Mike Marchev, MBA, CTC has been sharing his upbeat, down-to-earth, entertaining and motivational business-building programs with travel professionals since 1984. Customer Service is his “pet” topic. Mike is a frequent contributor to a number of recognized travel publications as
well as the author of Become The Exception, The 52-Week Sales Planner and “More-On” Marketing.
TRO: What are travel agents doing right today?
MM: This is a hard question to answer in that I am not privy to what they are all up to. I’ll answer from a different angle.
If a travel agent has targeted a specific market and identified their “niche” based on their strengths, experiences and positive track record, and they are (1) practicing emotional intelligence to the degree that they are adhering to the Rule of Seven without excuse or exception, and (2) actively seeking new and creative ways to blow their customers away with unexpected service, then in my opinion, they are doing things right. (Rule of 7: Seven prospect contacts in an 18-month period.)
TRO: What are they doing wrong?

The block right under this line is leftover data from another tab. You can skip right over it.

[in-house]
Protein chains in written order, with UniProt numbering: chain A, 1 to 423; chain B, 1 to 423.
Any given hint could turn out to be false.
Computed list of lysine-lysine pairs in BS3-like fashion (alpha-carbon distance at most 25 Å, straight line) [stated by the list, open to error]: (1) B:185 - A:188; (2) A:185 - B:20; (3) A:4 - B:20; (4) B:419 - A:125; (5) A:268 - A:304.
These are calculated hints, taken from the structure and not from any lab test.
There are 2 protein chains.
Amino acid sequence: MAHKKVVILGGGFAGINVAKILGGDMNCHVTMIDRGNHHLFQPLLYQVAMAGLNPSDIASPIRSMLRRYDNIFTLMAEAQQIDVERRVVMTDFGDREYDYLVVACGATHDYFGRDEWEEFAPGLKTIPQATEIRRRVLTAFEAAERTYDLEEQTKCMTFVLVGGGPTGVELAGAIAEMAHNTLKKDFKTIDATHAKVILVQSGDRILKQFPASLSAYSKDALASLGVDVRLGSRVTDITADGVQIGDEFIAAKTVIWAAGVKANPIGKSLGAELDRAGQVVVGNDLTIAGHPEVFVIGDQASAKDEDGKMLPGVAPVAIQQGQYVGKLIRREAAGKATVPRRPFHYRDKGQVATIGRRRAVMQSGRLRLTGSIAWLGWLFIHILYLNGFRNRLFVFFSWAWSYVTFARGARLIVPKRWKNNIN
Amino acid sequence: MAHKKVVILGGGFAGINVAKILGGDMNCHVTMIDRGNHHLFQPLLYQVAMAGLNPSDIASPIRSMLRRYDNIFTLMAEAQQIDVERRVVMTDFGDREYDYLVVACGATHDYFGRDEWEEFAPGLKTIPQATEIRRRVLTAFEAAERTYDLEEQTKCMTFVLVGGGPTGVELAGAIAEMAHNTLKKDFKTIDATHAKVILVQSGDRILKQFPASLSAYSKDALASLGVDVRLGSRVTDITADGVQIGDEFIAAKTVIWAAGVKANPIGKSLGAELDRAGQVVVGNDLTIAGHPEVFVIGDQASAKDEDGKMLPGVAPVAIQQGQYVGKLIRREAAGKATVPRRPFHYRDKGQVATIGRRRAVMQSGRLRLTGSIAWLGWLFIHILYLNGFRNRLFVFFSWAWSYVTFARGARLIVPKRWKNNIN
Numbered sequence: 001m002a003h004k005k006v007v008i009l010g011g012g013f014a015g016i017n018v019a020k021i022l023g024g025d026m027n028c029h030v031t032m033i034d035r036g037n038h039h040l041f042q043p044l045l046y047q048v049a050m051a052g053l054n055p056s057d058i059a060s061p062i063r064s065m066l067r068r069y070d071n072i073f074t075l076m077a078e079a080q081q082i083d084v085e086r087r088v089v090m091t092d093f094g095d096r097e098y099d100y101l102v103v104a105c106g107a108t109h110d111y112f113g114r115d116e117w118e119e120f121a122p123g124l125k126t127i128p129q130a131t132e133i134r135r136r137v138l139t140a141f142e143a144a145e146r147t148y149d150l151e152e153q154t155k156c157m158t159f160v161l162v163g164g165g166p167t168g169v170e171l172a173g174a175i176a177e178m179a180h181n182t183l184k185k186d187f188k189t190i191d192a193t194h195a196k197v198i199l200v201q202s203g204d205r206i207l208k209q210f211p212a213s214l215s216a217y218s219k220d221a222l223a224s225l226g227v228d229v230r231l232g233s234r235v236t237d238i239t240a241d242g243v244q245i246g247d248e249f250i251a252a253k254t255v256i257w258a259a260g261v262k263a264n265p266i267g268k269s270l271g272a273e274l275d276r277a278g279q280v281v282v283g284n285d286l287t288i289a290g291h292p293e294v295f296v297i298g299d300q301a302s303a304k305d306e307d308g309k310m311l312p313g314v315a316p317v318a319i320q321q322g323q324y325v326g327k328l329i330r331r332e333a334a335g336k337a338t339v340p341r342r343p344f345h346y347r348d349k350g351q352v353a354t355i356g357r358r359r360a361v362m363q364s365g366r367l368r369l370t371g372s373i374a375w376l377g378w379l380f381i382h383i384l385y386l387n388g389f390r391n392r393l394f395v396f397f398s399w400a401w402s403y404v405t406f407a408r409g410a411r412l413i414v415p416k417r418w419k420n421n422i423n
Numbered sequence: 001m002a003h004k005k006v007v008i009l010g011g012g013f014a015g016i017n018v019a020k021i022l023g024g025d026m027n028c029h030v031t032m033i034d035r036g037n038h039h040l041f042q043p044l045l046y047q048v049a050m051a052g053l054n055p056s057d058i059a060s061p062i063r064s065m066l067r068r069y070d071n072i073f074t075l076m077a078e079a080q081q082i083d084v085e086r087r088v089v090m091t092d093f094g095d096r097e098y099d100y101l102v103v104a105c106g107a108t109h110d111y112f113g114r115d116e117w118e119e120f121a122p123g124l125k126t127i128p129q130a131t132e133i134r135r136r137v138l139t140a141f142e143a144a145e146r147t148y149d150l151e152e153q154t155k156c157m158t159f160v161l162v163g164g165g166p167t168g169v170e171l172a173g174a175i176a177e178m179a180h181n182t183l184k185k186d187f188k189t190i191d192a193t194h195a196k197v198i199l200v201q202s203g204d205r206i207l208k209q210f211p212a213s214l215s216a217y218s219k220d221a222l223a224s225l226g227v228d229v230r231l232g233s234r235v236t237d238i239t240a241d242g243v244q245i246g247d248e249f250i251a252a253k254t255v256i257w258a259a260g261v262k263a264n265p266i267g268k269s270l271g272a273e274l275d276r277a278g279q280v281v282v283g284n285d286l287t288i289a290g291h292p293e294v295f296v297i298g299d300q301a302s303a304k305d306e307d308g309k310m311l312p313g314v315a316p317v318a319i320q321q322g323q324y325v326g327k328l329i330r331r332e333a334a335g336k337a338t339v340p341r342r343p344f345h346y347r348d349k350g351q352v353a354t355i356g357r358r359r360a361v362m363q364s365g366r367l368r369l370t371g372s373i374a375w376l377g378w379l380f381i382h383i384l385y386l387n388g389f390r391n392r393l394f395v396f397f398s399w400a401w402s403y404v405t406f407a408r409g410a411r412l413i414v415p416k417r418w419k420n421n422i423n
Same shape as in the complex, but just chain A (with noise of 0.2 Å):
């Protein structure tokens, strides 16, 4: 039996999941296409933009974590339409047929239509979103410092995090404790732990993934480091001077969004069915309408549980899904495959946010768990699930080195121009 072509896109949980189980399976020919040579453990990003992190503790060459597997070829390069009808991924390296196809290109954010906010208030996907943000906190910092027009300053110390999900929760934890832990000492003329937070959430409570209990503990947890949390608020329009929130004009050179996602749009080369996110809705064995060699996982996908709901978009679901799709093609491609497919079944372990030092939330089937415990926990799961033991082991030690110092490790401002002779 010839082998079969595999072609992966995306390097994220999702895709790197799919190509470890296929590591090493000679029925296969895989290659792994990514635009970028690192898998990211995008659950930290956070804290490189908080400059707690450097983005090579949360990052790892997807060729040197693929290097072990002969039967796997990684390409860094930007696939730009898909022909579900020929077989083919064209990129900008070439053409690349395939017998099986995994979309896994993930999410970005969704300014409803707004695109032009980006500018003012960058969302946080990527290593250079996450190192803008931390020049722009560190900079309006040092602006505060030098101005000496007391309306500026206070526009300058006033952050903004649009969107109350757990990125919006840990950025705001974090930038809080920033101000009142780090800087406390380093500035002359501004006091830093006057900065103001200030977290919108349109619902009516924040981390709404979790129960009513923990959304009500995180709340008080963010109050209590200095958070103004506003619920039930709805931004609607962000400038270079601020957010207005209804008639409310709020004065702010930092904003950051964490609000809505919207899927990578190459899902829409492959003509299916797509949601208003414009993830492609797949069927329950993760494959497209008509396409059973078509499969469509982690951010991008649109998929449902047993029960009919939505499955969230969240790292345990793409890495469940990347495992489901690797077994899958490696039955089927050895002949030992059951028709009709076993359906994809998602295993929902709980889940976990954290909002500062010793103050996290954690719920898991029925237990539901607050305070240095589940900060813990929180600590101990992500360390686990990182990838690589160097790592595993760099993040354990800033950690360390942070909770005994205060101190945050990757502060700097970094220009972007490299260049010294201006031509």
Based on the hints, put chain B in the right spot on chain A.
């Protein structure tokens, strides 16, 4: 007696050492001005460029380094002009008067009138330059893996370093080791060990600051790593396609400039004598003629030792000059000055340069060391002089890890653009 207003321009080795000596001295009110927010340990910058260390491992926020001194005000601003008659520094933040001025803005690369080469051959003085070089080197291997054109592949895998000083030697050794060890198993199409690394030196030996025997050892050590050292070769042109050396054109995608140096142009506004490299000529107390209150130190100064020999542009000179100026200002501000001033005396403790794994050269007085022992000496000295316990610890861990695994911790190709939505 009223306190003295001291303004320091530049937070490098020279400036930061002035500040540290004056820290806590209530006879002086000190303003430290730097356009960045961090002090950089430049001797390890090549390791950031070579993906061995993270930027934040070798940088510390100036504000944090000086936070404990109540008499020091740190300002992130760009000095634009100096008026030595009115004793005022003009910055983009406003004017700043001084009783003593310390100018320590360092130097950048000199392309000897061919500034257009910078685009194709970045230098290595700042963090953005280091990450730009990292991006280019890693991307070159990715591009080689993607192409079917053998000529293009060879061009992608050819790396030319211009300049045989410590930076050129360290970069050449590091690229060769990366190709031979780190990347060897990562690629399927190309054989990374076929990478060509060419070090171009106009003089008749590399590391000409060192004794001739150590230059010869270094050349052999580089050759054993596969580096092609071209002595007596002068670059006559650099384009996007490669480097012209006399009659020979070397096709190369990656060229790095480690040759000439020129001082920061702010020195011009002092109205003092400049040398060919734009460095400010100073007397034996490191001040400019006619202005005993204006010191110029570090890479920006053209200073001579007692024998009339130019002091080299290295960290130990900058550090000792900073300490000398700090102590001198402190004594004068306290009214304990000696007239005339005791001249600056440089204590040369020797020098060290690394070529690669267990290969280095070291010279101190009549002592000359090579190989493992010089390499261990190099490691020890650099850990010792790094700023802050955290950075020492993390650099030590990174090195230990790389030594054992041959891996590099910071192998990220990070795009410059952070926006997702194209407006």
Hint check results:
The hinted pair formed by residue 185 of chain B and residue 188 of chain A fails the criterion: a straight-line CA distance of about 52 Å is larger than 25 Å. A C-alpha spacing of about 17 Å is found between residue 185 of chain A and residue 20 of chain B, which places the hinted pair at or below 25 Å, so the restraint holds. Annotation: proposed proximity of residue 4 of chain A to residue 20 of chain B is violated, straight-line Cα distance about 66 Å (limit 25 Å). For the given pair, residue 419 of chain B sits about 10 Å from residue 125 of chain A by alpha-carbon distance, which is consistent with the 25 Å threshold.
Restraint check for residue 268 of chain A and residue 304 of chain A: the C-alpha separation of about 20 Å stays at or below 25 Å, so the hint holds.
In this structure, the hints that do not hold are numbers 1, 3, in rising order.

MM: Who am I to say? Without knowing, I am hoping that they are not whining, complaining and wasting valuable time lamenting their decision to enter the travel industry. If they try to “compete” with the internet, they will lose on shear size; if they hire less-than-squared-away people because of salary constraints, they also will lose. If they feel that the world owes them a living, I have some bad/sad news for them. If they are not finding the “fun” in this business, perhaps they should begin pursuing a degree in accounting.
TRO: You once noted that a seminar on customer service at a trade show sold out in hours? Why do you think this happened? Where are travel agents lacking from a customer service perspective?